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Discussion Starter · #1 ·
:confused: Well, I'm a complete rookie when it comes to spey casting. I don't know of anyone nearby that knows about spey casting, but I think that there are a couple of applications around here where it would work great. How would you recommend for someone to pick up the skills required to spey cast without having someone to learn from?
I will be making a trip to the Charlotte flyfishing/rodbuilding show in a couple of weeks, so I'm hoping that there is someone there that can at least point me in the right general direction. Thanks in advance.
 

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Welcome to the Board

It really helps to get some instruction. There are a number of "little" things that are really important in learning that are difficult to master without an extra pair of eyes to help sort it out. There are some Board members in that general area of the country, that you might try to contact.

Some of the videos are a help - The art of speycasting, gives a good overview of many techniques. Simon G's book helps. There are a number of other videos that are useful.

Finally join the Board and get Dana's material. Better yet, plan a vacation and get some instrction from him, or another good instructor.
 

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The Frugal Flyfisher
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"How would you recommend for someone to pick up the skills required to spey cast without having someone to learn from?" (quote).

Frankly, I would not recommend that route. Self teaching is a slippery slope to mediocrity, unless you are an exceptional self teacher (very rare).
However, if you insist on that direction the best I could recommend would be one (better yet, several) of the fine instructional video tapes or DVDs on spey casting currently available. For that, I would start with a call to the Red Shed Fly Shop (208-486-6098) and Mike Cummins (better known as Poppy to the readers of this forum), one of the fine sponsors here. He has the best, most complete collection of spey instruction DVDs and videos that I know of. Discuss with him your level as a one hand overhead caster and he will recommend a video/DVD to start with. He might well recommend the John and Amy Hazel DVD "Introduction to Spey Casting," which is what I also would recommend for a first stage spey casting beginner.

However, having said that, I would emphasis that, in my opinion, trying to learn spey casting skills totally on your own is not a good idea. A better idea would be to buy a good starter video AND get some hands on instruction from a qualified spey instructor. To see if one is near your location, you might start by going to the Federation Of Fly Fishers website (Google for the URL) to see if there might be an FFF certified spey casting instructor near you. There might also be someone qualified near you who is a member of this forum. Of course, since you haven't provided information as to your specific location (Great Plains covers a whole lot of territory), no one on the forum would know whether they are anywhere reasonably near you.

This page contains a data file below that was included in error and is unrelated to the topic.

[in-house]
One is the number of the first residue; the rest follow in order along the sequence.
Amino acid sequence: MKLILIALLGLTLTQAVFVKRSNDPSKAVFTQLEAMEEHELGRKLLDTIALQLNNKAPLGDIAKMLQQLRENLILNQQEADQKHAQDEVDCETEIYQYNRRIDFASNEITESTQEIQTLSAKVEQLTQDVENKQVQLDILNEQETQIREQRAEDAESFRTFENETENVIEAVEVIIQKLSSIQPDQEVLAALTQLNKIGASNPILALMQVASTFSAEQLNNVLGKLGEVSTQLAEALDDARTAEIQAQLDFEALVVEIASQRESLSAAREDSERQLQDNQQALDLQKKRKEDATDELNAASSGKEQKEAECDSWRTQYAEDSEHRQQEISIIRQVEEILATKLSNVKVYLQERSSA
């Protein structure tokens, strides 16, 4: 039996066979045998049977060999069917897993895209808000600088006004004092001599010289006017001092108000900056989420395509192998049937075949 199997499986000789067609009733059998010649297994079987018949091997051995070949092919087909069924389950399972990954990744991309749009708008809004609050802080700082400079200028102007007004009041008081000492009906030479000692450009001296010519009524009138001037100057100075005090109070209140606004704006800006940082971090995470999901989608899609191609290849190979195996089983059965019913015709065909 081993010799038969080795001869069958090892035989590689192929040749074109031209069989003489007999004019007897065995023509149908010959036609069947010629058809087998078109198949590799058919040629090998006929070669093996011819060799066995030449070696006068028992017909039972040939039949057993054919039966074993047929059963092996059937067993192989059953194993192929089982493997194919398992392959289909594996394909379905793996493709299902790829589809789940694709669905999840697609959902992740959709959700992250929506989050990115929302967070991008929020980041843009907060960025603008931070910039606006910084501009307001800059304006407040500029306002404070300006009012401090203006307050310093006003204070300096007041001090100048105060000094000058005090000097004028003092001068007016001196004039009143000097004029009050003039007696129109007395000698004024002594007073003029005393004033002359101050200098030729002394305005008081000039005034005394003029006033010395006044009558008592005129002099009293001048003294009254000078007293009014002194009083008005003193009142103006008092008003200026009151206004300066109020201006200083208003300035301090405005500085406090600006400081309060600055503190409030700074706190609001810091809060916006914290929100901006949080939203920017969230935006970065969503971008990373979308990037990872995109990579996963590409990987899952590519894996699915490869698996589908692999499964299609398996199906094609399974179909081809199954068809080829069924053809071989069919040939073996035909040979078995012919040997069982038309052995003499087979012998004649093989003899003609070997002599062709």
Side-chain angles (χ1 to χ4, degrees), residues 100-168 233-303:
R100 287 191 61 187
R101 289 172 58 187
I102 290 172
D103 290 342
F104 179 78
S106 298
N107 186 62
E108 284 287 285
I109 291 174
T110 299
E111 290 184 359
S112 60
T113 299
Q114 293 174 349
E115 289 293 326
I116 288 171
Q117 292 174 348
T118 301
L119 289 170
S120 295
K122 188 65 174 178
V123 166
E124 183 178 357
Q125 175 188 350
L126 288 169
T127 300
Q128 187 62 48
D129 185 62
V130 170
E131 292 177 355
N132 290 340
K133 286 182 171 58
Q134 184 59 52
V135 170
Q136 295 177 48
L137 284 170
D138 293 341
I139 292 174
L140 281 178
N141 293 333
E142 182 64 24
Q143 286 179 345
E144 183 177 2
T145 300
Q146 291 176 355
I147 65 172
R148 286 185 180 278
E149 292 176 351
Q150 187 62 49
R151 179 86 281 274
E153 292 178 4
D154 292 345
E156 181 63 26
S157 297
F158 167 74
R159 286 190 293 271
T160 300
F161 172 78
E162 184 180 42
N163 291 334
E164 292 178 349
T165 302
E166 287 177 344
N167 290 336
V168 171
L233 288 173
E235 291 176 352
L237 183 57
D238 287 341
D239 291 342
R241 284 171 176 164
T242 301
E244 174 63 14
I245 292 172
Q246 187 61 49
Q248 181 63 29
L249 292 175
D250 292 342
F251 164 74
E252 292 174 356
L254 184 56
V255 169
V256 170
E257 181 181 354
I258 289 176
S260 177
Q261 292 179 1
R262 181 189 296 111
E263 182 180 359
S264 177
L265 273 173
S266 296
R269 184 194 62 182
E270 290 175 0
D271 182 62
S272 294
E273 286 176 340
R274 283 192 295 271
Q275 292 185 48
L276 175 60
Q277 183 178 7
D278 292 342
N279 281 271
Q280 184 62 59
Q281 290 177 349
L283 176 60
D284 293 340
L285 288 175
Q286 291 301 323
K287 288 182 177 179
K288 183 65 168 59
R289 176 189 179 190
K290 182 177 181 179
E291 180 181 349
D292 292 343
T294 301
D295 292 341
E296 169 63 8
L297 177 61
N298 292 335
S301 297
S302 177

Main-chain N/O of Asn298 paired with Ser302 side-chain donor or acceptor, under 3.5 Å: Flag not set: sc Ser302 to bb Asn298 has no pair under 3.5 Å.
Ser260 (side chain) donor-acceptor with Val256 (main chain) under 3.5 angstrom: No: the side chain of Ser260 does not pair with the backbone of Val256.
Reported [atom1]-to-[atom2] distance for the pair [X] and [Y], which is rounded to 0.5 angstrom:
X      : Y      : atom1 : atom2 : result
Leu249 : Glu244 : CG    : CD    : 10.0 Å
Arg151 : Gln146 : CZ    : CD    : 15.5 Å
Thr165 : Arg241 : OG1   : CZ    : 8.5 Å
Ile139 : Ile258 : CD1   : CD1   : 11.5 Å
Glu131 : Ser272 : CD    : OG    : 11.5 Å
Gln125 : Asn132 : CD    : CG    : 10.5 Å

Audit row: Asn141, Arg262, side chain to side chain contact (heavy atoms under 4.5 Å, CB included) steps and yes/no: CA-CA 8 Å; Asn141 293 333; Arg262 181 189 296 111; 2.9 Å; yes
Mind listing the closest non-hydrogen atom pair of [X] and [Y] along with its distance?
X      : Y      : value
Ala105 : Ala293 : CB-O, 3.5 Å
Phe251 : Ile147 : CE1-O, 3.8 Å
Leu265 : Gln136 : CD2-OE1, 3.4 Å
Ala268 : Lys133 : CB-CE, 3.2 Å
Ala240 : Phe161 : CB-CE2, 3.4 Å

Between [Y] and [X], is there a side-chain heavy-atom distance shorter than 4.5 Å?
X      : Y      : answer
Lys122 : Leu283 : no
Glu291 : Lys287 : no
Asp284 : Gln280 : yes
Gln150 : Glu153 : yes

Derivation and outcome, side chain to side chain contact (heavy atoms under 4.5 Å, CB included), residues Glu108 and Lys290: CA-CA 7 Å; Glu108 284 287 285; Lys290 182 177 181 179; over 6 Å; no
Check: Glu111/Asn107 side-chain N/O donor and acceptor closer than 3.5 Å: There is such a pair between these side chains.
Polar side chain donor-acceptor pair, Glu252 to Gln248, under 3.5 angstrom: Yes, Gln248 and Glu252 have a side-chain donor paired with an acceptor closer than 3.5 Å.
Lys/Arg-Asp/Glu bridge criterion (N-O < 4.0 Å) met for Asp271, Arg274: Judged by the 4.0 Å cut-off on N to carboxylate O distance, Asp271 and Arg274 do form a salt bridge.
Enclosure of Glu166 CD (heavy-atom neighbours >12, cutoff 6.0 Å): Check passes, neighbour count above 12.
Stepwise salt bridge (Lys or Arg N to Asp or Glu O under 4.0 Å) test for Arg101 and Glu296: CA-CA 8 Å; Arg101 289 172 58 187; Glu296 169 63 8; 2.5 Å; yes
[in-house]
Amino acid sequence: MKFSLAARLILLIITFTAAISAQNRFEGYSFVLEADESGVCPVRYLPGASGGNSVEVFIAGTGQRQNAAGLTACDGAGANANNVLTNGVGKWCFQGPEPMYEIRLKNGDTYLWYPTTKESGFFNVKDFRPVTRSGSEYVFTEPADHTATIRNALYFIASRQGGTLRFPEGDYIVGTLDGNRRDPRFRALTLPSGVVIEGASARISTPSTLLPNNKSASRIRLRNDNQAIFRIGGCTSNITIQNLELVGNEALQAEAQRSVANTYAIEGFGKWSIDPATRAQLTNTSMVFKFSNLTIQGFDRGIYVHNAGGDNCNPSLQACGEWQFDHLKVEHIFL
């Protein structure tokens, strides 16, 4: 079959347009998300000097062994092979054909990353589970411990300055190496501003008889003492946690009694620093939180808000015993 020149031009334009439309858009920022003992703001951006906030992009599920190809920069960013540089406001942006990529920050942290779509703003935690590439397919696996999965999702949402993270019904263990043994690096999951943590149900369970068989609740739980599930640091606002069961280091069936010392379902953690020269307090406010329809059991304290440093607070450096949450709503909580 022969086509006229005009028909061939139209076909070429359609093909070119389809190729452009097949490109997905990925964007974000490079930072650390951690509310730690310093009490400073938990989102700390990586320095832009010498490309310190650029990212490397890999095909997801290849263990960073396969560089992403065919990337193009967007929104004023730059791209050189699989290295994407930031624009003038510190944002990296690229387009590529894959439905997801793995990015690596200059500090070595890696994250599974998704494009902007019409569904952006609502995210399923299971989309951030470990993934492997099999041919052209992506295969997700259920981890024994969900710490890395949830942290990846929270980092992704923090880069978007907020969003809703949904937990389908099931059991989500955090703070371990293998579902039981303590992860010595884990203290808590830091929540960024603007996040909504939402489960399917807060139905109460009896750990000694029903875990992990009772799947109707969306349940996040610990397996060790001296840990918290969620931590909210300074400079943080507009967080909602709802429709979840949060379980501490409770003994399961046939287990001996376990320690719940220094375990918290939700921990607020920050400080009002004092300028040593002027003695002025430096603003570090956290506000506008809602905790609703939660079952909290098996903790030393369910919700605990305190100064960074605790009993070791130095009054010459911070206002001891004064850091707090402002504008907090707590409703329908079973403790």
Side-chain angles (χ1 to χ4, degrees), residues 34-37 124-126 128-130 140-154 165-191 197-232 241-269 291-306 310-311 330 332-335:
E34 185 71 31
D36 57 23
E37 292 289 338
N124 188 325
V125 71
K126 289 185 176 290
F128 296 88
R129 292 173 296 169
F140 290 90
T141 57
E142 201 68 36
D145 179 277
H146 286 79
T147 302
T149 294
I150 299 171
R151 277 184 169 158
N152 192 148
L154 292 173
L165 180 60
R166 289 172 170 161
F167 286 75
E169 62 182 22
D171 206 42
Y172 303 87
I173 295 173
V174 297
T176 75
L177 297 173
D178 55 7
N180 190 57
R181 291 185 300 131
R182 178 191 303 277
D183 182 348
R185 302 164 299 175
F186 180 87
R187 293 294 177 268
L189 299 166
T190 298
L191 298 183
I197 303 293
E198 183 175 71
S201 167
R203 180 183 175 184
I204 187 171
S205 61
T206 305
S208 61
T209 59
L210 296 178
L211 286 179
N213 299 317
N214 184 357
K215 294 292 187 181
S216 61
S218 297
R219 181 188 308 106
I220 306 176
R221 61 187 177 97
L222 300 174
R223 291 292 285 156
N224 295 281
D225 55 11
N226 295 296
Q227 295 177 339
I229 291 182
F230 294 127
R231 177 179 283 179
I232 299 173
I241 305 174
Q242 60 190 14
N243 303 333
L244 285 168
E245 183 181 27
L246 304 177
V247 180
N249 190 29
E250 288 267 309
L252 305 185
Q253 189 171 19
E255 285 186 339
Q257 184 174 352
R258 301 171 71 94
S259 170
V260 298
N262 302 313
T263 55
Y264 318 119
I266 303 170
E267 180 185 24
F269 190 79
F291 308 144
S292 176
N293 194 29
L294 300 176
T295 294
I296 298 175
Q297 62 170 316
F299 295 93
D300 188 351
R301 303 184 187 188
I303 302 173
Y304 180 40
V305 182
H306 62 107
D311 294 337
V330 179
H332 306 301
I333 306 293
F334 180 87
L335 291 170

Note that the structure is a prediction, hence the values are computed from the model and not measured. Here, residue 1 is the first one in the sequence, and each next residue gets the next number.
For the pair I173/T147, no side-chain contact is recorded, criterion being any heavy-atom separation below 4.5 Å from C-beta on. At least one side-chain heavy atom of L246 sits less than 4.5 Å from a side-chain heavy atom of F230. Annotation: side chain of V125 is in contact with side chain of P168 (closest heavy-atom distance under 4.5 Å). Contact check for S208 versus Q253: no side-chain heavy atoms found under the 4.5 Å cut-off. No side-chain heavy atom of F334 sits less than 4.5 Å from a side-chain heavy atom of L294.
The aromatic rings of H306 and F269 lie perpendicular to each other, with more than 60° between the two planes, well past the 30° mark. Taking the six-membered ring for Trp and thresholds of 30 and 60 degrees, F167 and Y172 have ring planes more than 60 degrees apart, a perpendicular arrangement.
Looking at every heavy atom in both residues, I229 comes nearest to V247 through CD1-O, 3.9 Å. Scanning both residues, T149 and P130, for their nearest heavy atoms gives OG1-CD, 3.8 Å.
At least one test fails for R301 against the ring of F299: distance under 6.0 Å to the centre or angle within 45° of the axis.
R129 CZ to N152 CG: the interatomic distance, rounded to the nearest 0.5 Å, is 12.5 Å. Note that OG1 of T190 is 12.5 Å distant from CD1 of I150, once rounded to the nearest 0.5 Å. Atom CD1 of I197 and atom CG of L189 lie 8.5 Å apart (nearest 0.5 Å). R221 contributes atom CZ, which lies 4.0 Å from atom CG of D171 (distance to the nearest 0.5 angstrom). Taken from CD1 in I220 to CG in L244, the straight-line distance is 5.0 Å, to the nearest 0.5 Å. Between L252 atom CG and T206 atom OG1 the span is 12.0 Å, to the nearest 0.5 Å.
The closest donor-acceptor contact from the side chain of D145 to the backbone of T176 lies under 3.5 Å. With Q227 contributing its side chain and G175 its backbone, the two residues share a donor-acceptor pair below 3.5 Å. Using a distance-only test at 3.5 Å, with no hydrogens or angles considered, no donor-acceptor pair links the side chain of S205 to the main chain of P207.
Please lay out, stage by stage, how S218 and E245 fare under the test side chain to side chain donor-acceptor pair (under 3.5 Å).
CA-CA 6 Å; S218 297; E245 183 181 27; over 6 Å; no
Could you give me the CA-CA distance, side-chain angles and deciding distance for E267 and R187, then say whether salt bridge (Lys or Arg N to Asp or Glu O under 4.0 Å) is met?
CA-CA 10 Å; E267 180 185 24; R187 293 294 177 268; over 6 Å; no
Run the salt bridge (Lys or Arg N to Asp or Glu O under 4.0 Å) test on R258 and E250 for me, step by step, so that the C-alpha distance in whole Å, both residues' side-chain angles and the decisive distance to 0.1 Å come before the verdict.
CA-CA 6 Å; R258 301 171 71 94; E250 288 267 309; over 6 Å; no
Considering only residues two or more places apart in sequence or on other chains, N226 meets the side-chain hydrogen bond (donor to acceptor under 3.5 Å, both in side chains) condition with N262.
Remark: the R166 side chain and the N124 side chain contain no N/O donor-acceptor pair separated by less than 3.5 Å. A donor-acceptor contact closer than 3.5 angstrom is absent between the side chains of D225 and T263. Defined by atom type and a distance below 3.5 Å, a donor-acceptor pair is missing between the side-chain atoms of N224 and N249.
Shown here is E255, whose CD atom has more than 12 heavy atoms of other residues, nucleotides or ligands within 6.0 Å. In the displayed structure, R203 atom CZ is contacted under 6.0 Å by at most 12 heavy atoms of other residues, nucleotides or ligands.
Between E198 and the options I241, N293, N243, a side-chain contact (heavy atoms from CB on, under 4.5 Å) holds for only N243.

Also, you might consider attending one of the several spey claves throughout the country. One of the ones in the Great Lakes region might be near to you. There is always lots of free information and instruction available at a spey clave, which would be an excellent place to start. Check the threads in the "Claves and Other Gatherings" section of the Spey Pages here for location and time of the one nearest your location.
 

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Discussion Starter · #4 ·
I updated my profile to be a bit more specific on location. There is a small but growing group of flyfishermen and clubs in the area, but I haven't found anyone yet that has done any spey casting yet. The nearest certified 2 hand instructor is over 700 miles away.
I wouldn't say that I'm set on teaching myself, but I think logistics and expense may exclude many of my best options. But that is why I'm asking. I want the opportunity to learn, even if it doesn't happen in the timetable or methods that I originally envisioned. That being said, catching a clave if there is one in my general area of the country might be a great option. Any chance of something happening in MO or TX? I'm pretty sure Kansas is out of the question. :chuckle:
 

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I face the same problem

I live in Virginia and haven't found any certified (or even not certified) instructors within hundreds of miles. I have Simon's book and tape and have taken several fishing trips (Babine, Panoi, Rio Grande, Alagnak and Spey Rivers) where the guides were helpful if not true instructors, and "doing it" gave me some practical experience. When the weather warms a bit I practice for 30 minutes or so several times a week at a local pond. I've reached a plateau in my casting that I simply can't break through without some professional instruction. I'm OK to catch fish, but there is much room for improvement. It would be great to get some real instruction, but that's just not available here like it is in the Pacific Northwest or Great Lakes. If you find an answer, please post it.